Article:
Monique spent four years working with an Orthopedic Specialist and a Chiropractor to address a chronic lower back condition. Even though she felt she was receiving excellent care, she was not making the progress she hoped for and believed that it was time to try another approach. She also wanted to use the opportunity to change other aspects of her health.
Monique came across my website while doing a Google search for a Physiotherapist with a fitness or Personal Training background in the Ottawa area.
When we first met she told me about her back problem and stated that she wanted to “remake” herself. I sensed that Monique was committed to the changes she needed to make to improve her health and well-being.
I completed her initial evaluation and we reviewed the results together. We agreed to the following:
- She was carrying too much fat and we needed to reduce her weight.
- We would address her back problem with an exercise program that incorporated strength exercises.
- She would modify her eating habits.
Monique and I agreed on the following action plan:
- Increase her protein, fruit and vegetable intake. Monique needed a more balanced food mix. She needed the right nutrients to support her goals.
- Establish small achievable goals, which included getting up and moving every half hour. Sitting and moving in ways that supported her back as well as taking Omega 3 and drinking plenty of water.
- Daily walks that gradually increased in distance and pace over time. Monique was doing very little exercise when we first met. A daily walking routine is a great start.
- Incorporate strength exercises into her routine. Like most inactive people, Monique needed to increase her strength. This was particularly important given her history of back pain.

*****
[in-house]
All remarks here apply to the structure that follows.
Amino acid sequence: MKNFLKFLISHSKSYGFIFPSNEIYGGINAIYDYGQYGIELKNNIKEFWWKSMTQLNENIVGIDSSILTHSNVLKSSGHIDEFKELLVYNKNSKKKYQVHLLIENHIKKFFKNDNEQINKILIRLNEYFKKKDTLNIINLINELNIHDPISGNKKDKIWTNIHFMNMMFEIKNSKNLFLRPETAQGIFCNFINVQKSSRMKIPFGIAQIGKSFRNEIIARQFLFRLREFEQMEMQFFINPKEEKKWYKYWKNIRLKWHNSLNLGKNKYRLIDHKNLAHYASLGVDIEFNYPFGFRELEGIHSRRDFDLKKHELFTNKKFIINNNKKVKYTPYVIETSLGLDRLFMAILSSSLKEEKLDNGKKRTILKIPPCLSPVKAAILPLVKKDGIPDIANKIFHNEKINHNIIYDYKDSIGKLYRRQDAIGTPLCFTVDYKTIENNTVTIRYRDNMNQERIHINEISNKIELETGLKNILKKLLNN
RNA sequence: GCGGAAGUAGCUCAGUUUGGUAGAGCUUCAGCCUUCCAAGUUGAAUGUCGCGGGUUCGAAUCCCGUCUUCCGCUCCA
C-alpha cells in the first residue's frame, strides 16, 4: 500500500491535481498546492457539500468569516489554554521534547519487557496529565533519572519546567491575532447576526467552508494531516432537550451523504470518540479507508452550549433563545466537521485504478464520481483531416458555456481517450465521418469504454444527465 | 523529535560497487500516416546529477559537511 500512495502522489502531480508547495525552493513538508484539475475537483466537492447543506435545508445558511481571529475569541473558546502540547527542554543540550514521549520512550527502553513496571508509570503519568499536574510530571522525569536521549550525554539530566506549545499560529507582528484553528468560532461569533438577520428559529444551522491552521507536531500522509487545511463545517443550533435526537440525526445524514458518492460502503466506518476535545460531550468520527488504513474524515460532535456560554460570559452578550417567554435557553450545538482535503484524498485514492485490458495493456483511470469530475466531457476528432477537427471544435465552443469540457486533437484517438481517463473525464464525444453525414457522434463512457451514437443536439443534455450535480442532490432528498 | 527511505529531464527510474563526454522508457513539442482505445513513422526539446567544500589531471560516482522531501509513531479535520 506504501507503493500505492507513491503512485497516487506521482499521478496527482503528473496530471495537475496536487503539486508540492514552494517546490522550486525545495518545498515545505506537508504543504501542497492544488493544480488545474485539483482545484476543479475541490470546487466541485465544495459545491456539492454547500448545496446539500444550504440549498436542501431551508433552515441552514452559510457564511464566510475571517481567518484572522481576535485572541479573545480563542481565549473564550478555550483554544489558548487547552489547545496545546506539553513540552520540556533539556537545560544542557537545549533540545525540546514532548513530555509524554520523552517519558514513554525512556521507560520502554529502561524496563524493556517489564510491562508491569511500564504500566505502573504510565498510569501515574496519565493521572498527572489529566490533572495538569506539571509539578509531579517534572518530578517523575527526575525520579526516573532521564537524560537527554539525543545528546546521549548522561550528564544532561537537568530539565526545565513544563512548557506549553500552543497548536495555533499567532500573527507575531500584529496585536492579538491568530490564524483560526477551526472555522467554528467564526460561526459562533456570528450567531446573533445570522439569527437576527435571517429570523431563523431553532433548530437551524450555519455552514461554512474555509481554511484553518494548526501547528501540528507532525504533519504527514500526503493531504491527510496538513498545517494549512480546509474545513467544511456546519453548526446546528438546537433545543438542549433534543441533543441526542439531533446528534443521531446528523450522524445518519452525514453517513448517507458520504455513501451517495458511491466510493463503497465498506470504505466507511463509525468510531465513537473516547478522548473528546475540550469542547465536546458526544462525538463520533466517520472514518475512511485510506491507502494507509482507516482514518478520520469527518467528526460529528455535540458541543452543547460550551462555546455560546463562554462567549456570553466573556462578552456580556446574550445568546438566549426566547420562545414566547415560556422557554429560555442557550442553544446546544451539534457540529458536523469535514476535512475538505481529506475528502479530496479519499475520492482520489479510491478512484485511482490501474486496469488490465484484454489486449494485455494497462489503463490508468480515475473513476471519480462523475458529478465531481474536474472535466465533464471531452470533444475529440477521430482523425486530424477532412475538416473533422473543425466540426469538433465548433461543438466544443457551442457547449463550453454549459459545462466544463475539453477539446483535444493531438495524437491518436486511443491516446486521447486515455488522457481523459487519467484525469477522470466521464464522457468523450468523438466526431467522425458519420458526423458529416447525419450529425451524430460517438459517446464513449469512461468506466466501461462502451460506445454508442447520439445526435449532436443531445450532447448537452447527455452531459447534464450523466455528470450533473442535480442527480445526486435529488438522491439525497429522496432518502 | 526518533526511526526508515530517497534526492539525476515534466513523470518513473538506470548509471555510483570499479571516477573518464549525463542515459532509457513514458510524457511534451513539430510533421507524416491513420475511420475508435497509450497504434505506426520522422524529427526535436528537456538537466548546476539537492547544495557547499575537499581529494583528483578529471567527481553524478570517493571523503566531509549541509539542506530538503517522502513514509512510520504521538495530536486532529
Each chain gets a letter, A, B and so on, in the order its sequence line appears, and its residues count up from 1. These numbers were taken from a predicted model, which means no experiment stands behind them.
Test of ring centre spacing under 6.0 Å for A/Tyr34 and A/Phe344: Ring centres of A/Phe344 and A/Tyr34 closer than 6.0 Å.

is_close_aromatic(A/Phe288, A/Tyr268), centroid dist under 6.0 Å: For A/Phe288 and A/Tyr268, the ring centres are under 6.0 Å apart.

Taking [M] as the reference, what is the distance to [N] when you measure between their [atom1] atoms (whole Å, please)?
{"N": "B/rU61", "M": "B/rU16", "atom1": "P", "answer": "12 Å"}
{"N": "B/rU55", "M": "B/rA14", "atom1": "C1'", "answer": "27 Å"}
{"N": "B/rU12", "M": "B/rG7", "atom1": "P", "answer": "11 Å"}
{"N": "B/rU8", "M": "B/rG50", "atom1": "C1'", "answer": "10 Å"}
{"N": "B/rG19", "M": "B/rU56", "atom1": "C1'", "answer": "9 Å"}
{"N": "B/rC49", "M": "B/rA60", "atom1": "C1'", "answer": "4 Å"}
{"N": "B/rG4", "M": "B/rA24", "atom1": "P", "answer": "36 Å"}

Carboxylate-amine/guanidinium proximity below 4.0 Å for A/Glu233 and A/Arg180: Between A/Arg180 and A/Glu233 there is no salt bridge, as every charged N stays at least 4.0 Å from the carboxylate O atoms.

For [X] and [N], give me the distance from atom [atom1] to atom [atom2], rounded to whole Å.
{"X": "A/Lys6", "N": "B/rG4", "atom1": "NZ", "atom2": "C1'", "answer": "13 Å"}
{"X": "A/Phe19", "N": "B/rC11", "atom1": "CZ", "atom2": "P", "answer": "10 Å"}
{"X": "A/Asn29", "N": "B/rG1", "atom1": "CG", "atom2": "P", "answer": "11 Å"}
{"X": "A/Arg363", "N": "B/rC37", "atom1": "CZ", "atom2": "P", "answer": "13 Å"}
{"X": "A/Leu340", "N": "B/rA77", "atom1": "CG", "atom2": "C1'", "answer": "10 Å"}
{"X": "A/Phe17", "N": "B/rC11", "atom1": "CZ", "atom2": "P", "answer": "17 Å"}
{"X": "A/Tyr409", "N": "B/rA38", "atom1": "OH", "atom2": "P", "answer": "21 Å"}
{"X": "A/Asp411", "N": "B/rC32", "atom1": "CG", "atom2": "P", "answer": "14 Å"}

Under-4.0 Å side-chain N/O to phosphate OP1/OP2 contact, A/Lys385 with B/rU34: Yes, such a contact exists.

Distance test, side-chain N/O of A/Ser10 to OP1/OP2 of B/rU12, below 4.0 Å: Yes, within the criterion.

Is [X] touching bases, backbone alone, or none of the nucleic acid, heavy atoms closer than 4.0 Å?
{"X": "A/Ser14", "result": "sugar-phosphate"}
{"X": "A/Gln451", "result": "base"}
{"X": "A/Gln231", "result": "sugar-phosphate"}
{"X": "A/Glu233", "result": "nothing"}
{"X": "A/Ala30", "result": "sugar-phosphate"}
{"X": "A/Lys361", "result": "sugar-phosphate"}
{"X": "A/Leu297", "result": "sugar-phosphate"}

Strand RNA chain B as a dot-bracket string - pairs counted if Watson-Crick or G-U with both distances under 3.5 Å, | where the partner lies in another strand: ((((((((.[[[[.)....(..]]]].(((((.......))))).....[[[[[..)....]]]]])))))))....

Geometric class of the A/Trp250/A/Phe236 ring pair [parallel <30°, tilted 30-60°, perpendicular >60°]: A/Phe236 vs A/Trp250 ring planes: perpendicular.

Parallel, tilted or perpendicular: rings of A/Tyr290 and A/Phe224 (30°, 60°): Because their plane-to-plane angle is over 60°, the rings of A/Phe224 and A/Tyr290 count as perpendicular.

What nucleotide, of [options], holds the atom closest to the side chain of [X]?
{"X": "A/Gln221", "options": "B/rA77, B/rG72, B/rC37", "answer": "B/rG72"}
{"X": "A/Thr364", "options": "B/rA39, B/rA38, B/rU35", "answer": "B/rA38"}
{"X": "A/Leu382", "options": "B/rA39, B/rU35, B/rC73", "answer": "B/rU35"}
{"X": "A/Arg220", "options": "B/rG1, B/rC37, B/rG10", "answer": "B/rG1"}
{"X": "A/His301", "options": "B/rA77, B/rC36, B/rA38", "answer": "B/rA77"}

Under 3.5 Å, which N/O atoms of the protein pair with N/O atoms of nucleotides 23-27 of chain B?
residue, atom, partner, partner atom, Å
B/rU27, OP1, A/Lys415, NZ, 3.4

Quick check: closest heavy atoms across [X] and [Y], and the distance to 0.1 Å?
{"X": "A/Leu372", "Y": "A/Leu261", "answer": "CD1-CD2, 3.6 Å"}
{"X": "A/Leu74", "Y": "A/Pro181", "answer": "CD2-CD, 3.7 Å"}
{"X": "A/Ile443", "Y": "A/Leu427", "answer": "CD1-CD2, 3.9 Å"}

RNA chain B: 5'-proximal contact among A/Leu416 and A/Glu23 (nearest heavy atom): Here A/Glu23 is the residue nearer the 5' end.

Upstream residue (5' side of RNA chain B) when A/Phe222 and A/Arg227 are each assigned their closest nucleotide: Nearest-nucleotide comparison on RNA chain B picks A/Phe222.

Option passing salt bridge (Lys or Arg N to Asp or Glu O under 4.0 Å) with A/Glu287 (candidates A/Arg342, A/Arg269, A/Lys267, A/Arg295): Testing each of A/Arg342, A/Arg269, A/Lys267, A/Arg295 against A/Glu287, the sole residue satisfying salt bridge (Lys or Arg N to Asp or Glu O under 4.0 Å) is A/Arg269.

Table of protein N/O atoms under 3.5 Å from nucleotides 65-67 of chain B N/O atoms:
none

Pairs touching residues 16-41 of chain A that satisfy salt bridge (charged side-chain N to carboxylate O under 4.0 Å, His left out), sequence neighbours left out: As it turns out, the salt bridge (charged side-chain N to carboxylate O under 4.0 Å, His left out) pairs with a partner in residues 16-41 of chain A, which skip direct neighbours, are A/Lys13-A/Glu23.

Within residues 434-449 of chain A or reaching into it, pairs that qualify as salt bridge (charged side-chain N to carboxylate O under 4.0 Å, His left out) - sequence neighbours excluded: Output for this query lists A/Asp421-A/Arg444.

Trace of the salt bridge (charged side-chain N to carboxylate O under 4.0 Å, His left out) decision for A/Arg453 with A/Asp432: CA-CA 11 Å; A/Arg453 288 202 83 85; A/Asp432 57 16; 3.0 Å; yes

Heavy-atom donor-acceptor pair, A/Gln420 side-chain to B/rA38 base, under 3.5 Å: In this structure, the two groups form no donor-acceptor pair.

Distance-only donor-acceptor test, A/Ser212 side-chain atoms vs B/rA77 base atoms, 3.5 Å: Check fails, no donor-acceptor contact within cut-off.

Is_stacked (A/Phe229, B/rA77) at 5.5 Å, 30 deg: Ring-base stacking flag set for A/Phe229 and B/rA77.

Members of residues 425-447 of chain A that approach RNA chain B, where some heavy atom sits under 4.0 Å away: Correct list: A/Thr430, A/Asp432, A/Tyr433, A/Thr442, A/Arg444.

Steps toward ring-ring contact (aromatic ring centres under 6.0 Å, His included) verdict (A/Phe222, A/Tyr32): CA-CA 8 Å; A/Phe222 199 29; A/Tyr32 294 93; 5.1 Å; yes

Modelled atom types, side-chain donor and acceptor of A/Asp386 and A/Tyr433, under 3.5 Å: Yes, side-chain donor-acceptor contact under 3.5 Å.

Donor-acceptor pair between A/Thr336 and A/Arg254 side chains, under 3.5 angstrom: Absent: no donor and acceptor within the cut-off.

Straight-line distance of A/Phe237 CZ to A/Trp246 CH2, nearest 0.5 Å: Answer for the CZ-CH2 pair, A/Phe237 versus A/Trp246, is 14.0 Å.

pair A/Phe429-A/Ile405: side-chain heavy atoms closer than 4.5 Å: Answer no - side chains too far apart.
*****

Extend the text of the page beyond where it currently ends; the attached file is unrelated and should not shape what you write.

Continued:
- Since Monique lives in a small community just outside of Ottawa (with limited access to gym facilities) her exercise program should be home based. We both wanted to make sure that she had no excuse not to exercise!
How did Monique do? Did she stick with her exercise and nutrition programs and achieve her goals?
Here is Monique’s step-by-step progress plan:
- Meet Regularly with Your Fitness Professional: Monique and I met once a week for the first three weeks to get her started. Follow-up sessions were spread further apart to encourage independence.
- Commit to Change: Her commitment to personal change overcame her resistance to exercise regularly. She forced herself to complete her prescribed walking and strength exercises.
- Reenergize: Her back felt worse when she missed her morning walk and her energy lagged. She was finally getting hooked on feeling reenergized!
As you can see in her photos, Monique is well on her way to her personal transformation.
In Monique’s words:
“Well being is the natural result of putting exercise first in your daily routine.”
Monique has not had a flare up of her back pain for several months.